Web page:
BWW Review: WAITRESS Serves Up Life, Love , and Laughs at THE ARONOFF CENTER in Cincinnati
The film, Waitress, written, directed, and acted in by Adrienne Shelly (Dawn), was a surprise success in 2007, standing out for its quirky humor and understated style. It could have been a huge step forward in Shelly's career, if it weren't for her tragic and untimely death before the movie even hit theatres. It was a film that has accumulated a number of fans despite some disparaging reviews from critics; in fact, people still can't seem to agree, as Waitress tends to be awarded either 10 stars or 1 star in online customer reviews with hardly anything in between. The performances are judged as either "nuanced" or "wooden" and characters as either "exquisitely drawn" or "empty stereotypes." Now, some ten years later, Waitress has been given a big Broadway make-over by Grammy nominee Sara Bareilles (music and lyrics) and, although Jessie Nelson (book) has made some helpful changes to the script, the show still never seems to fully rise. The musical is thoroughly enjoyable, but the premise has just been kneaded until overworked.
Waitress and pie-baker for Joe's Pie Diner, Jenna is a bright and culinarily ambitious woman flattened like dough under the rolling-pin of her abusive and loveless marriage. She's burdened even more by the discovery of the tiny, growing, pie in her own "oven." (You might as well get used to pie puns and baking as metaphor-for-life because Waitress has plenty.) Her friends and co-workers have love-related problems of their own. Becky is married to a much older man who apparently is in diapers and has lost the ability to speak, and Dawn is in need of a "make-over" to not only her hair and make-up, but her confidence, too.
Throughout the course of the play, lonely people yearn to feel wanted, adulterous love affairs happen, romance brews between unlikely lovers who bond (and we're talking in the bedroom) over an obsession with Revolutionary War reenactments, dreams are made and lost, an abusive past is revealed, babies are born, old men die, lots of dancing happens, and pies are made. The truth is, by the end of Waitress...I wasn't sure how I was supposed to feel. The subject matter and its delivery never seemed to align as silly hijinks obscured the profound loneliness, and colorful and kooky pie recipes softened the blows of domestic abuse. Eventually, everything was topped with a sickly-sweet deus ex machina ending, and the realization that having a child is all a woman needs to feel complete as the cherry. The characters are thoroughly dredged through sweet and through sour, and yet I was left only with a trifling aftertaste.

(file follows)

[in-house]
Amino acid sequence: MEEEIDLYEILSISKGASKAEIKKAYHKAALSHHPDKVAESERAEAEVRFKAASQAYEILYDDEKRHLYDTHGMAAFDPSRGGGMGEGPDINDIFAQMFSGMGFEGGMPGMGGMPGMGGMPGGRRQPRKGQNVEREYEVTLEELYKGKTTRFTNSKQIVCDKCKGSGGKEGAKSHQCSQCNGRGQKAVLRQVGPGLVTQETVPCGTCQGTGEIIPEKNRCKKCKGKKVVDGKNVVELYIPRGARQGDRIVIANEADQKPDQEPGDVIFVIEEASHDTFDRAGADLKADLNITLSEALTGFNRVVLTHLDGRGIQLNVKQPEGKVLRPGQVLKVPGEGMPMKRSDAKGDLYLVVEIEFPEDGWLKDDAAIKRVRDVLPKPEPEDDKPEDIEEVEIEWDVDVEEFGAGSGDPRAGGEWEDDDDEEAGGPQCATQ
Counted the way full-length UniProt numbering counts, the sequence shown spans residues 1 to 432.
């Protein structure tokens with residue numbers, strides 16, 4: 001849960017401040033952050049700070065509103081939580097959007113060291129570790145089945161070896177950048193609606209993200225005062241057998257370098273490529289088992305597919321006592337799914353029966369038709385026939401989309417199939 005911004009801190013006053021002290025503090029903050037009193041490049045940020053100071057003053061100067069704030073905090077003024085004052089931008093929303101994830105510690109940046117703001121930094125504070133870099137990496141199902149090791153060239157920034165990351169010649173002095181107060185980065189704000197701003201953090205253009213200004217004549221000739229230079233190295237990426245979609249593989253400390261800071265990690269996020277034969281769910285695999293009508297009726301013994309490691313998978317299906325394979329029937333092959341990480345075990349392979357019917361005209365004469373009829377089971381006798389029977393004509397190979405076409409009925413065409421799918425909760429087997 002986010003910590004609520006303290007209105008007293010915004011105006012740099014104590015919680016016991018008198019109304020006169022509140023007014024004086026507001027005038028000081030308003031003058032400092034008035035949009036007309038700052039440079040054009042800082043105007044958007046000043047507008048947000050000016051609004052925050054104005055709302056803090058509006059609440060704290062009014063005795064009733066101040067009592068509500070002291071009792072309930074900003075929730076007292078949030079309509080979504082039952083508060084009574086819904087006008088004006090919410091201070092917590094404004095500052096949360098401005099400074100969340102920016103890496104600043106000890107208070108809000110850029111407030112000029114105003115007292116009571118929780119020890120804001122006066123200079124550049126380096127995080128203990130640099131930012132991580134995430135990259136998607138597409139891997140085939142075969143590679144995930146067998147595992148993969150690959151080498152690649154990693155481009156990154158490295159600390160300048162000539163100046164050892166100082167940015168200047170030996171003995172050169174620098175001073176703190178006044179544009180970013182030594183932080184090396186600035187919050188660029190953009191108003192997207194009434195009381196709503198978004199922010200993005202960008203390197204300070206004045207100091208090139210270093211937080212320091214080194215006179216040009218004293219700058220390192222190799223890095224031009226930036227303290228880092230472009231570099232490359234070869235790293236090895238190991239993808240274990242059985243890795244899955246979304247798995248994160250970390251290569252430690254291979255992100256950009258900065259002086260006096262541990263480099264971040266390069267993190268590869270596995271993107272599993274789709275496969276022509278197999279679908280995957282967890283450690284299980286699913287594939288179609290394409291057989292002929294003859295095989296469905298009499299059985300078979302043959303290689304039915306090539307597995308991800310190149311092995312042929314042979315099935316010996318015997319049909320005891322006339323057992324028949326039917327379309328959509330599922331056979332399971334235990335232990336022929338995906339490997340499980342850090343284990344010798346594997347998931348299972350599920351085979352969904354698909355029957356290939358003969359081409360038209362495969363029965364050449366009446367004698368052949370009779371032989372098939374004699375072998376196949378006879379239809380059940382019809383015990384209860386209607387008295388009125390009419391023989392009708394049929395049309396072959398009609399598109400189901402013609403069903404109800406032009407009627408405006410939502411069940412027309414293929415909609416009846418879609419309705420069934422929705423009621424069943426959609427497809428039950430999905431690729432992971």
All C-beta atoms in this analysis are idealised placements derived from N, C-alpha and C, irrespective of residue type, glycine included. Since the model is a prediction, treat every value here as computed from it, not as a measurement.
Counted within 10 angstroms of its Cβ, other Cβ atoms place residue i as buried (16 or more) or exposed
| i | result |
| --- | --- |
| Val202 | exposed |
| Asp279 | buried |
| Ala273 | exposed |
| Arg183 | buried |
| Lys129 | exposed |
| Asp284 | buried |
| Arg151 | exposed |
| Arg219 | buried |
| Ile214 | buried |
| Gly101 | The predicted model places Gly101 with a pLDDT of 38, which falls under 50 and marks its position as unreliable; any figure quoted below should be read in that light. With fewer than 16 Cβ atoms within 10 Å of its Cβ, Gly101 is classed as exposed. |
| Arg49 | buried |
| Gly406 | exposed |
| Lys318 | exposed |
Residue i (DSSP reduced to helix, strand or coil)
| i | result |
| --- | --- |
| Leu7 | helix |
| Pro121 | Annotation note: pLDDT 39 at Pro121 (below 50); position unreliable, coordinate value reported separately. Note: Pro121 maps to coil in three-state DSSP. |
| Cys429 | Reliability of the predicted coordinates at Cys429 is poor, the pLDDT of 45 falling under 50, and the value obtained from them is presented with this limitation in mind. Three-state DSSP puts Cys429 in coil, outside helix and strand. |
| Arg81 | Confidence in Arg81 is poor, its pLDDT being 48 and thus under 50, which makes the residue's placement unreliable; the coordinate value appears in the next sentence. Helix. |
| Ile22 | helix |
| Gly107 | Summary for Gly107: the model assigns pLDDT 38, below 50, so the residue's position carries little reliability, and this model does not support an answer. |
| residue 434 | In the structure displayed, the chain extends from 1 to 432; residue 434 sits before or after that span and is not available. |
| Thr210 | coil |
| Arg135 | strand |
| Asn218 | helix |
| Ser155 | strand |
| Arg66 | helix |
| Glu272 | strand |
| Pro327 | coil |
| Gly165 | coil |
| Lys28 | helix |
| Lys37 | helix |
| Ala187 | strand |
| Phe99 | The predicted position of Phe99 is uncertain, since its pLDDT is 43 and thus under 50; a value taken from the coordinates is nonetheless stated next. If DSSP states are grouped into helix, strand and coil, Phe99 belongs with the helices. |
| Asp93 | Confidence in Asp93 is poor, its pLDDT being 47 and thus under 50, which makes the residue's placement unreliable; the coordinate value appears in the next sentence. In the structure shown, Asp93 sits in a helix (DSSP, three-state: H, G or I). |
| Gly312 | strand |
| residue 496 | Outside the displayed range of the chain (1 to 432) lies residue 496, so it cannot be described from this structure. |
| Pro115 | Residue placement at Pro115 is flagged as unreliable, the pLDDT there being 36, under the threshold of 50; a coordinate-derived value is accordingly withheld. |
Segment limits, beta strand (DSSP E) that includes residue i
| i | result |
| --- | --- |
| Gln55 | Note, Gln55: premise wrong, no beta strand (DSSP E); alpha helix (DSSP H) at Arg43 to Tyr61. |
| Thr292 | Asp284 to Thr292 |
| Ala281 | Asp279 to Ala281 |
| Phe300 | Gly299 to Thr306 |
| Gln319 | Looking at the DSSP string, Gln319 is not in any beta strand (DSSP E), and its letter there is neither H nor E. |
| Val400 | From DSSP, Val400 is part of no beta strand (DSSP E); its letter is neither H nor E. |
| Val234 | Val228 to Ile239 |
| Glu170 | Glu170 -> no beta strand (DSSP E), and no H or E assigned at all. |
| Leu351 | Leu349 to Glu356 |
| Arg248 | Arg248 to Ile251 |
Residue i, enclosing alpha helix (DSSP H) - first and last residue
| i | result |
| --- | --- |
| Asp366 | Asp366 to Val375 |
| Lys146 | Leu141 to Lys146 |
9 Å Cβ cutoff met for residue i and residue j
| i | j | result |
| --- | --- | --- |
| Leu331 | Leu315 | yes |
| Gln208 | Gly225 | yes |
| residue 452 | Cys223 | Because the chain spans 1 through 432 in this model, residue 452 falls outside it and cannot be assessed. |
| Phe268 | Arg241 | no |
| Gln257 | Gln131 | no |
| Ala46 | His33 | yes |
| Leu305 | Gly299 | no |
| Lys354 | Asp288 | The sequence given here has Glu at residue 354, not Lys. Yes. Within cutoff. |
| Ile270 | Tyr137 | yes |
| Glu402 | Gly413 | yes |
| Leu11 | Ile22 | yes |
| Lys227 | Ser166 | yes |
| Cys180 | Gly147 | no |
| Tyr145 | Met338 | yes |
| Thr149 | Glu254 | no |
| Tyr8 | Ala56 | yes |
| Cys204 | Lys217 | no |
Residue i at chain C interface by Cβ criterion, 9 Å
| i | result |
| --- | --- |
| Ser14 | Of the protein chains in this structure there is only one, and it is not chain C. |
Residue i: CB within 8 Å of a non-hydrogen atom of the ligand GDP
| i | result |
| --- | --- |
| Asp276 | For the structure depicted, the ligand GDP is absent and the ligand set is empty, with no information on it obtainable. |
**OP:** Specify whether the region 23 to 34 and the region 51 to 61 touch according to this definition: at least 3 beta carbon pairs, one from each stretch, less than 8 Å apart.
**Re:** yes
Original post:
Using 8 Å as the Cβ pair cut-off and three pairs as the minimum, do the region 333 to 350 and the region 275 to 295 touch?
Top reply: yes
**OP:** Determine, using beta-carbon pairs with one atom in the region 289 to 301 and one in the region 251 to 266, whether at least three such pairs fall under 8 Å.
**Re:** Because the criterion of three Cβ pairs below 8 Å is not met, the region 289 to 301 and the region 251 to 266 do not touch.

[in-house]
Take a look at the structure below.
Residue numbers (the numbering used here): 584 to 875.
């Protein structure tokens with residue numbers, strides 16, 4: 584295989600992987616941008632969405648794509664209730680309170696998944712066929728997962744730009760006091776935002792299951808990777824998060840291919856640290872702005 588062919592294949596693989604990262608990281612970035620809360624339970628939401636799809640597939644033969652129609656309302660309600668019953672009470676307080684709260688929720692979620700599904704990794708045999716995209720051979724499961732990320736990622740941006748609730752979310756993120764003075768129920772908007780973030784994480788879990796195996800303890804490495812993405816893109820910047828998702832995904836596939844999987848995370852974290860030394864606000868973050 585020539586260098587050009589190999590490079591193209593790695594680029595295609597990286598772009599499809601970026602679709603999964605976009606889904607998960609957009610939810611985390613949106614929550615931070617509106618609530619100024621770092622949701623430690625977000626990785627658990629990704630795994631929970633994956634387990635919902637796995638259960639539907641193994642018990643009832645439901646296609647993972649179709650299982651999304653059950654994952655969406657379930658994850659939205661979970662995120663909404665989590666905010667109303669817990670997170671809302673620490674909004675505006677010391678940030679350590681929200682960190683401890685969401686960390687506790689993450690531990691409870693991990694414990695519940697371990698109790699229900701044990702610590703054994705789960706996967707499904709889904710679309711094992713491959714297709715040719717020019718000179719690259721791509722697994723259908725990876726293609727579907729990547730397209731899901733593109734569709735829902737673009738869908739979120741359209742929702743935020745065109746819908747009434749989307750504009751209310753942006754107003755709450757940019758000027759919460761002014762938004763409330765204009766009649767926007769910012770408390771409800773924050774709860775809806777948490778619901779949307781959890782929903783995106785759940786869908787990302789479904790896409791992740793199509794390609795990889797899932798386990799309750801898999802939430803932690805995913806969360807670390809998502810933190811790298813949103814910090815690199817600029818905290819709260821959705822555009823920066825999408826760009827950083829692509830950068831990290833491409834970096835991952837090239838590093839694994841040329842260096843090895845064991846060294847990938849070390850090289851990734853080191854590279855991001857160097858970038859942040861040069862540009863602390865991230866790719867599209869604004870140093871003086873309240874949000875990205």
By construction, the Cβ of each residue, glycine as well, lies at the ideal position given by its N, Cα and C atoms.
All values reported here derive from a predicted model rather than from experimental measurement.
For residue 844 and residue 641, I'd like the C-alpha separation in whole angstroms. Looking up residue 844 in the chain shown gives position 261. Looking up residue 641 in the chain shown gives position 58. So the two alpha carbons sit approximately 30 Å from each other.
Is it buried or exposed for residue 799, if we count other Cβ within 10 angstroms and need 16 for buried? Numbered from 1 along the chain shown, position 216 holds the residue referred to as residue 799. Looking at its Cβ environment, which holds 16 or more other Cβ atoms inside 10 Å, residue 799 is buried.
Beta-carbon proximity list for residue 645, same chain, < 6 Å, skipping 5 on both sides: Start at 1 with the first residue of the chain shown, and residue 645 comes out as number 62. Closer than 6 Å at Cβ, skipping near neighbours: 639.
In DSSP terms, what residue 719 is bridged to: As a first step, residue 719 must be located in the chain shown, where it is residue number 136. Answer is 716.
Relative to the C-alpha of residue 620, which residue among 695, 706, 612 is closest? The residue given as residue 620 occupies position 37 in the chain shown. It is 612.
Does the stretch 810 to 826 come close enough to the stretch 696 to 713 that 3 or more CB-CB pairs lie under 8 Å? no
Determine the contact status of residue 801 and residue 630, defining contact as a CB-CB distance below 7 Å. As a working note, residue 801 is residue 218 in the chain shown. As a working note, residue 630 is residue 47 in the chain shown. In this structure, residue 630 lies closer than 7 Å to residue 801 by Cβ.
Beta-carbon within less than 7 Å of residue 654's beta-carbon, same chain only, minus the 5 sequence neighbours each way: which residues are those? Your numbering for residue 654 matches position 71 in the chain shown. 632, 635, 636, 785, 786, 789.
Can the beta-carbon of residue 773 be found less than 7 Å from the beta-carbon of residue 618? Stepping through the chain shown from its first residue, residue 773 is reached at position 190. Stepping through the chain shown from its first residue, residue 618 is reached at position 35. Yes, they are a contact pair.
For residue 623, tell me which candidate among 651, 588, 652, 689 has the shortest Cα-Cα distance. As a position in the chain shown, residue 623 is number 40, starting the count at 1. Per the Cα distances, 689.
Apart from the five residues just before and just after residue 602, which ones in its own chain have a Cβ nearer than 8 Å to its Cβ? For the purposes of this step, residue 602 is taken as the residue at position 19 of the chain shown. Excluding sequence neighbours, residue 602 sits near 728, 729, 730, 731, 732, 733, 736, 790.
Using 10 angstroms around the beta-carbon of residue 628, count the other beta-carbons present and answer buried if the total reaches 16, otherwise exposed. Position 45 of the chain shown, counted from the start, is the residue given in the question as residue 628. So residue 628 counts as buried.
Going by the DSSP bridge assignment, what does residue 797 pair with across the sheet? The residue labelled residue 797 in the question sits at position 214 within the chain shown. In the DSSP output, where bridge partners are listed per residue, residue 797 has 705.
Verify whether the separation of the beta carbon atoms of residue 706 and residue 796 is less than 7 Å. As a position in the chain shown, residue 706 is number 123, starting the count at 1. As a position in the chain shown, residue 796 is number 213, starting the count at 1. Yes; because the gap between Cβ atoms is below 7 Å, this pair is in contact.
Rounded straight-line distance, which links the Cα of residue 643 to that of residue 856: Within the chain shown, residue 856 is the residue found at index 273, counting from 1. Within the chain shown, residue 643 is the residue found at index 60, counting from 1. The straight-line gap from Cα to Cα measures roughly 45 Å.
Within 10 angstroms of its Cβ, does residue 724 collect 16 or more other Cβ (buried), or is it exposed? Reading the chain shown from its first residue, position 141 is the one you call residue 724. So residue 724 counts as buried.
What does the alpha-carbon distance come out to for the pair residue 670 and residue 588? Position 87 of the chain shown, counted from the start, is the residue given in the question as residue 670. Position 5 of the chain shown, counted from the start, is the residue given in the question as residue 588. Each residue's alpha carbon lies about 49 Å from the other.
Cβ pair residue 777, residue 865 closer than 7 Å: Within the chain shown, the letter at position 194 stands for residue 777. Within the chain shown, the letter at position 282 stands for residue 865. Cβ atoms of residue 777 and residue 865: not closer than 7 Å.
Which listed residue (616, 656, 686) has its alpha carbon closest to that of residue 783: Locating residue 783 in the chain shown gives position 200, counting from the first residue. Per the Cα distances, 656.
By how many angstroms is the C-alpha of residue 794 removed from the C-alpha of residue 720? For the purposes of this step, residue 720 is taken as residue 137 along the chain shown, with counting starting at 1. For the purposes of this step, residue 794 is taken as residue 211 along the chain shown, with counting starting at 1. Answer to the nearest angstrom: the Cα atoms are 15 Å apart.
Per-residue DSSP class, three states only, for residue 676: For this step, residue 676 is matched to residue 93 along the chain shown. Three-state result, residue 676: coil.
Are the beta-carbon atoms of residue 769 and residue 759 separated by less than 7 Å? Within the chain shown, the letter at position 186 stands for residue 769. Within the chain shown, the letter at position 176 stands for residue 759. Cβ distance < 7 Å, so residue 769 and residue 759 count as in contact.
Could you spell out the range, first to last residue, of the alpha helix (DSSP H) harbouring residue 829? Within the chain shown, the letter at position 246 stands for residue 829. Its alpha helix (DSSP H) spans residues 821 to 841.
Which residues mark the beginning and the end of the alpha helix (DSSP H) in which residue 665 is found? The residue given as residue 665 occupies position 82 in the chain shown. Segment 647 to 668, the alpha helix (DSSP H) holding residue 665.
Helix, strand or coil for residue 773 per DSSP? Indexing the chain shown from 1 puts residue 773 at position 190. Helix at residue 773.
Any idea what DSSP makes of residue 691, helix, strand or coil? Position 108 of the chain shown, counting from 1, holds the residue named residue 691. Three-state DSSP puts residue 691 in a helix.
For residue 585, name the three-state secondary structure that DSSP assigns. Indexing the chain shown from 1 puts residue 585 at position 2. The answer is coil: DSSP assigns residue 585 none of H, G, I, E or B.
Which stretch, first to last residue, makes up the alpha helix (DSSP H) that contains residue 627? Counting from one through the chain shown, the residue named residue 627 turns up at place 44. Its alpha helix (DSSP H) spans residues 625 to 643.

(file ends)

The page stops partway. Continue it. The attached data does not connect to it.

This is not to say that it wasn't a pleasant evening! Sara Bareilles' score is poppy and quite lovely when the harmonies are in full bloom. The talented Diane Paulus directed, and though last month's Finding Neverland gave Paulus more creative material to play with, you can see her skillful and detailed hand at work here as well. She is helped by terrific casting. The trio of waitresses, Jenna, Becky, and Dawn, worked together like a well-oiled machine, each understanding their functions perfectly and, in the case of Becky and Dawn, making their stock characters utterly satisfying.
Desi Oakley does an admirable job as Jenna, her expressive face and eyes doing much of the work. Oakley's voice emanated effortlessly into the house and, every so often, just when you thought it was time for her to run out of air, she could evoke what seemed like hidden bellows of reserve power. Charity Angel Dawson, who plays Becky, a co-worker with a larger than life confidence, could have easily overpowered, but she wields her dynamism skillfully, only really letting loose during her Act 2 opener, "I Didn't Plan It", with a build that could blow out the back wall of the theatre. Lenne Klingaman as nerdy Dawn had impeccable timing and added three dimensions to her flighty, supporting character. When all three sang together, the blend was magical.
The men also made the best of the material. The relationship between Jenna and her gynecologist, Dr. Pomatter, was saved from delving into creepy territory by the sheer charm of Bryan Fenkart's performance. And, Jeremy Morse (Ogie) simply brought down the house with his rendition of "Never Ever Getting Rid of Me."
The small and tight ensemble of two guitars, percussion, piano, and bass that accompanied the actors easily fit on stage. Pies were piled high on the piano and band members blended in to the scenery, coffee cups in hand, adding to the overall liveliness of the production.
Overall, Waitress is a charming and confusing confection. All of the ingredients seem to be there. They aren't quite measured correctly, but who cares? It still tastes great!
Photo by Jane Marcus